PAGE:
This past week as we started exploring the book of Jonah and as we did we discussed whether or not this book is to be read as a historical account, a parable, an allegory, or a combination of all three.
Most critical research I read, including typical rabbinical criticism, categorizes this story as a parable. The person of Jonah (a real prophet in Israel- see 2 Kings 14:25) seems to have had this legendary story that surrounds him. As we progress through the story, what we will find is that this story is less about Jonah and more about Israel itself.
That said, here is some information about the 3 subjects discussed in the sermon this week:
1. Biblical Inerrancy- Christian believe that the Bible is inerrant, or without error. The Doctrine of Inerrancy states that the Bible, as originally inspired by the Holy Spirit and transmitted to the authors, was written down by those authors without error. What that does not mean is that our Bibles, as copies of copies of copies past down over centuries, is without error. Our Bible may contain, and probably does, textual errors.
2. Infallibility- Christians say that the Bible is infallible. What this means is that the Bible, and the story of salvation that it tells, is without fault. The standard of infallibility is higher than the standard of Inerrancy because infallibility states that the Bible is without fault in the truth propositions it reports. Inerrancy states that the text given to the original authors (of which we have none) is without error.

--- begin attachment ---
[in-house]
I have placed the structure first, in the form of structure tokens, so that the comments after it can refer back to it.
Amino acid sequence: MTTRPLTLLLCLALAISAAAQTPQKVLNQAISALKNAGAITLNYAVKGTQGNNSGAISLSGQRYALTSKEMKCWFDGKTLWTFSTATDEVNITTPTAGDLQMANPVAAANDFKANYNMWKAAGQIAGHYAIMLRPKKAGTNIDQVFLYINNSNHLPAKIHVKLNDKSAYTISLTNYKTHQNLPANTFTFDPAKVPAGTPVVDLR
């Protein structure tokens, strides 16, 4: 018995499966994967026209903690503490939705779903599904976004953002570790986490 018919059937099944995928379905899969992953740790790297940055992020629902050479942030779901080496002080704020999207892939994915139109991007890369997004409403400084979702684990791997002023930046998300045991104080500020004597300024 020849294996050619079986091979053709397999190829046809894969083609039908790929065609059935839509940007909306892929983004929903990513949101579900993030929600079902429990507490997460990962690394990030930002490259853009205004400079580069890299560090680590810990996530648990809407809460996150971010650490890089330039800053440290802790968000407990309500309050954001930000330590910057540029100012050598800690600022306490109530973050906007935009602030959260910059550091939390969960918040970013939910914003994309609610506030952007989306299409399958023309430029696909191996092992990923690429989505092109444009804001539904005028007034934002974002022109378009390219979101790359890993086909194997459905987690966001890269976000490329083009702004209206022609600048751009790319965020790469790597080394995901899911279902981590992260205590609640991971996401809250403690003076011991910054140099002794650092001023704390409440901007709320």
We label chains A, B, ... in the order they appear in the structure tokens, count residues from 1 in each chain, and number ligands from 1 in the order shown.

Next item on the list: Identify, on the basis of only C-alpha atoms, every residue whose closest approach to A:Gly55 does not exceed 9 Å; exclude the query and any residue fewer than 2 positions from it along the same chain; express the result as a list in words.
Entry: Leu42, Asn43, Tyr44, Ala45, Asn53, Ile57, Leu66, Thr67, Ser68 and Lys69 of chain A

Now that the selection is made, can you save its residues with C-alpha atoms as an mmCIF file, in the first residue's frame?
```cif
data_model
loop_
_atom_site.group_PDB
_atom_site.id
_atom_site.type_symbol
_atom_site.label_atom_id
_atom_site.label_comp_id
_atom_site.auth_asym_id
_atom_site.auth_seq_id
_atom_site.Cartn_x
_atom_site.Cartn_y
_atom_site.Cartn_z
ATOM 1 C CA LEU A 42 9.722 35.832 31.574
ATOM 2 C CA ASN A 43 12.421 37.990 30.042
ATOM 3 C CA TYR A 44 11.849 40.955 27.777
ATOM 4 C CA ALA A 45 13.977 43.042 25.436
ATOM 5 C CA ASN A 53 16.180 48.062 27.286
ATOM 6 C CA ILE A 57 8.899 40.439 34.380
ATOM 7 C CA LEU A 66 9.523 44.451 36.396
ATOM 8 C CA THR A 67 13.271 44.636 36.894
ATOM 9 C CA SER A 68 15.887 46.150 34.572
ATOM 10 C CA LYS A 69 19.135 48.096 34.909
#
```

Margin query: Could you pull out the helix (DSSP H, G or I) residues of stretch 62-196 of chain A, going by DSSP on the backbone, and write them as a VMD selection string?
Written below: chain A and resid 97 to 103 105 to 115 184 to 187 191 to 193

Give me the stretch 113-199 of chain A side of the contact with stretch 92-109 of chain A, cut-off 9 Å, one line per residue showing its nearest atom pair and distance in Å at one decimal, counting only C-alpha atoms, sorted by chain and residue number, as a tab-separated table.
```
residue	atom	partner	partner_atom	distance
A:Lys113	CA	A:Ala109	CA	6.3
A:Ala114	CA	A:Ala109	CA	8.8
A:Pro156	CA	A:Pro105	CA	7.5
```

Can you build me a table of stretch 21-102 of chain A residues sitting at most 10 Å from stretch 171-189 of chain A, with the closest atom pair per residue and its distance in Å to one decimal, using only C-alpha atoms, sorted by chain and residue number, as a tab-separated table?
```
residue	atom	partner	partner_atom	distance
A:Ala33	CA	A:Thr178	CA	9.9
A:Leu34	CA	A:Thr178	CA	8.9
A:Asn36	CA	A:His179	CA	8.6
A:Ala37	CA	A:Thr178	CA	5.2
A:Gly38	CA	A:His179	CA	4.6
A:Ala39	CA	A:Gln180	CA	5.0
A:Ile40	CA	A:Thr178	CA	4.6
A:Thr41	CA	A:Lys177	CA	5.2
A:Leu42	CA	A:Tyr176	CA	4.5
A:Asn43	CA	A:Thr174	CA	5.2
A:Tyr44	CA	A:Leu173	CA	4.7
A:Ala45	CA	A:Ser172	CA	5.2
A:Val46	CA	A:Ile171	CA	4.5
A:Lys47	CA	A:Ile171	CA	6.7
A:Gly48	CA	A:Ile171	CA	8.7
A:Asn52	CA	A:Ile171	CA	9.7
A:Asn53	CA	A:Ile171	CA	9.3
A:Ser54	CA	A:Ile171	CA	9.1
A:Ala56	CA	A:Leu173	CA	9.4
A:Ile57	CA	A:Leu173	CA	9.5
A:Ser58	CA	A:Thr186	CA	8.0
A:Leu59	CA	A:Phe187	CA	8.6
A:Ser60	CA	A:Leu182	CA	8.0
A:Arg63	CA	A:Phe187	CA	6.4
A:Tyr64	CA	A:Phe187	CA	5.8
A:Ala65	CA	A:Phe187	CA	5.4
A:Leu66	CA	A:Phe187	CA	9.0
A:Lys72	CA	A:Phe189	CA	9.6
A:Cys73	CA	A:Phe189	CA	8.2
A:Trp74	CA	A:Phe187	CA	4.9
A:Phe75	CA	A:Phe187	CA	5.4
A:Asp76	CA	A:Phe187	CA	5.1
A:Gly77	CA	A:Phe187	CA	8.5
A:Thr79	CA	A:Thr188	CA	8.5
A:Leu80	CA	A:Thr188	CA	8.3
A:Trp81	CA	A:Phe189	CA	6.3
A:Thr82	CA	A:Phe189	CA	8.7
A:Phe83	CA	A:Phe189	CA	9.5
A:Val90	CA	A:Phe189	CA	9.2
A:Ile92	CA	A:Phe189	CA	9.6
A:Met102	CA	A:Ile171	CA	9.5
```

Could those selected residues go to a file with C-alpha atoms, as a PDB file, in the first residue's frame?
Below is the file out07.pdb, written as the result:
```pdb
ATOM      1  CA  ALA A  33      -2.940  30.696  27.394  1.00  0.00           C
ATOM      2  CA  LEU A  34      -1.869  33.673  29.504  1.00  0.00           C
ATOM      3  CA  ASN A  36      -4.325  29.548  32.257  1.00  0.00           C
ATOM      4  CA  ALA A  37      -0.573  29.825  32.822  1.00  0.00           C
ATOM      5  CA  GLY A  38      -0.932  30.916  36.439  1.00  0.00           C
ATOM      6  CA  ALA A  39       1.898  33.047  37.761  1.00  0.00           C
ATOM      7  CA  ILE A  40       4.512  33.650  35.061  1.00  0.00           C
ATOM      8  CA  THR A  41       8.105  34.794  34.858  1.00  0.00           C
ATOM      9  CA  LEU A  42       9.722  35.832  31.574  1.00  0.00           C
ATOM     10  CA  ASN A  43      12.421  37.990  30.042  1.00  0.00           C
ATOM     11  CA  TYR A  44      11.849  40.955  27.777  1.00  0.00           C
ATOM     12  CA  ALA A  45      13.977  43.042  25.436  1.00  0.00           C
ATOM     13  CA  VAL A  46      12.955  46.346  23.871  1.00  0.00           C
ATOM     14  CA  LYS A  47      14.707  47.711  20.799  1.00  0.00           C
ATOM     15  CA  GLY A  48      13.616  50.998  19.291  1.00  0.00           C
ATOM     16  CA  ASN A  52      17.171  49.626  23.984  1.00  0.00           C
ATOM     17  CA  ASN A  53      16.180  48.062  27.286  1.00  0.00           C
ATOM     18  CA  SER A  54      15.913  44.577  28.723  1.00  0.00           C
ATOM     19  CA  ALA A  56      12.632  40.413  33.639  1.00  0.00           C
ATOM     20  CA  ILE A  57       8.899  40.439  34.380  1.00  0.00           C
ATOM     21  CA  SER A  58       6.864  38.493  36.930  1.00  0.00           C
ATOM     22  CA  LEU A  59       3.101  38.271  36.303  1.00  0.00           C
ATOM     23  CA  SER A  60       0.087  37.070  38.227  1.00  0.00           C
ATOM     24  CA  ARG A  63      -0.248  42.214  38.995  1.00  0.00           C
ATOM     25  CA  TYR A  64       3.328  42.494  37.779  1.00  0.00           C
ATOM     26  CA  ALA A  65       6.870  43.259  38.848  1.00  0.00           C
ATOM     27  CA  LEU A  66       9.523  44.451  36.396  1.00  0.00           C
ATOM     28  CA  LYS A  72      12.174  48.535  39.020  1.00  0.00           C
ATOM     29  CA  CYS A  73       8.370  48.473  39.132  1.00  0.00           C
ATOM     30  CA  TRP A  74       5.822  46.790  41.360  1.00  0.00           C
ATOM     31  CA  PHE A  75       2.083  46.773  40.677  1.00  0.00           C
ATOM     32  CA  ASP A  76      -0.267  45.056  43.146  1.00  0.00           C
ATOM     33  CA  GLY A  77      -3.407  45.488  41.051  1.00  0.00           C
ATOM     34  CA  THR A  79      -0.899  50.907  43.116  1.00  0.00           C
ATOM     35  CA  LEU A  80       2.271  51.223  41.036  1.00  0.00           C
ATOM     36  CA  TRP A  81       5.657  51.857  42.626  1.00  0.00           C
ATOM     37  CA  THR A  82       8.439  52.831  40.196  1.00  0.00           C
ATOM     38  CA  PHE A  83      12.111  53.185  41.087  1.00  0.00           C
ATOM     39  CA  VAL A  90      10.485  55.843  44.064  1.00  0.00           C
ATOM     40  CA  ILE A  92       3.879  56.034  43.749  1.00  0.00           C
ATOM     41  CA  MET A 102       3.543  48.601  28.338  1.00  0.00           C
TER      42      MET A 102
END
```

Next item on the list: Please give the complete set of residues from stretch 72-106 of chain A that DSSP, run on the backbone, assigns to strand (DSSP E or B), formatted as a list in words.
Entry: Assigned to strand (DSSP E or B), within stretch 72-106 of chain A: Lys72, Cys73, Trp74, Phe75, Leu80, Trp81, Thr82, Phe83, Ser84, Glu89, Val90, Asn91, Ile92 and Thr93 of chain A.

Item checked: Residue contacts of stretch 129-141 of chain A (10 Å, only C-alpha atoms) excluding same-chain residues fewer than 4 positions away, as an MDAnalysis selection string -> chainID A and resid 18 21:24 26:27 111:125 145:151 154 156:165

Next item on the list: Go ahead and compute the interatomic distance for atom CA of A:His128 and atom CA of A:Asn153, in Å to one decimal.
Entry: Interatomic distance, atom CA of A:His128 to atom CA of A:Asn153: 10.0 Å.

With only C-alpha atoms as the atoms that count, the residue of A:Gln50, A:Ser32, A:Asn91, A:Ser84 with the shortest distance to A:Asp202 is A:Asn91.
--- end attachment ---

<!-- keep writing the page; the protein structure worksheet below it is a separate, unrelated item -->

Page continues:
3. Literalism- Some Christians, because of a misunderstanding concerning inerrancy, think that because the Bible is without fault it must be taken literally. This is known as biblical literalism. However, as shown in this week's sermon, the Bible contains much information that is not to be taken literally. Psalms, metaphors, parables, etc are portions of the Bible which are supposed to convey moral or emotional information and not be taken as literally happening. We must be careful when examining the literature of the Bible to understand when we are reading something to be taken literally and something to be taken in a different way.
As we explore Jonah, keep these things in mind.- pk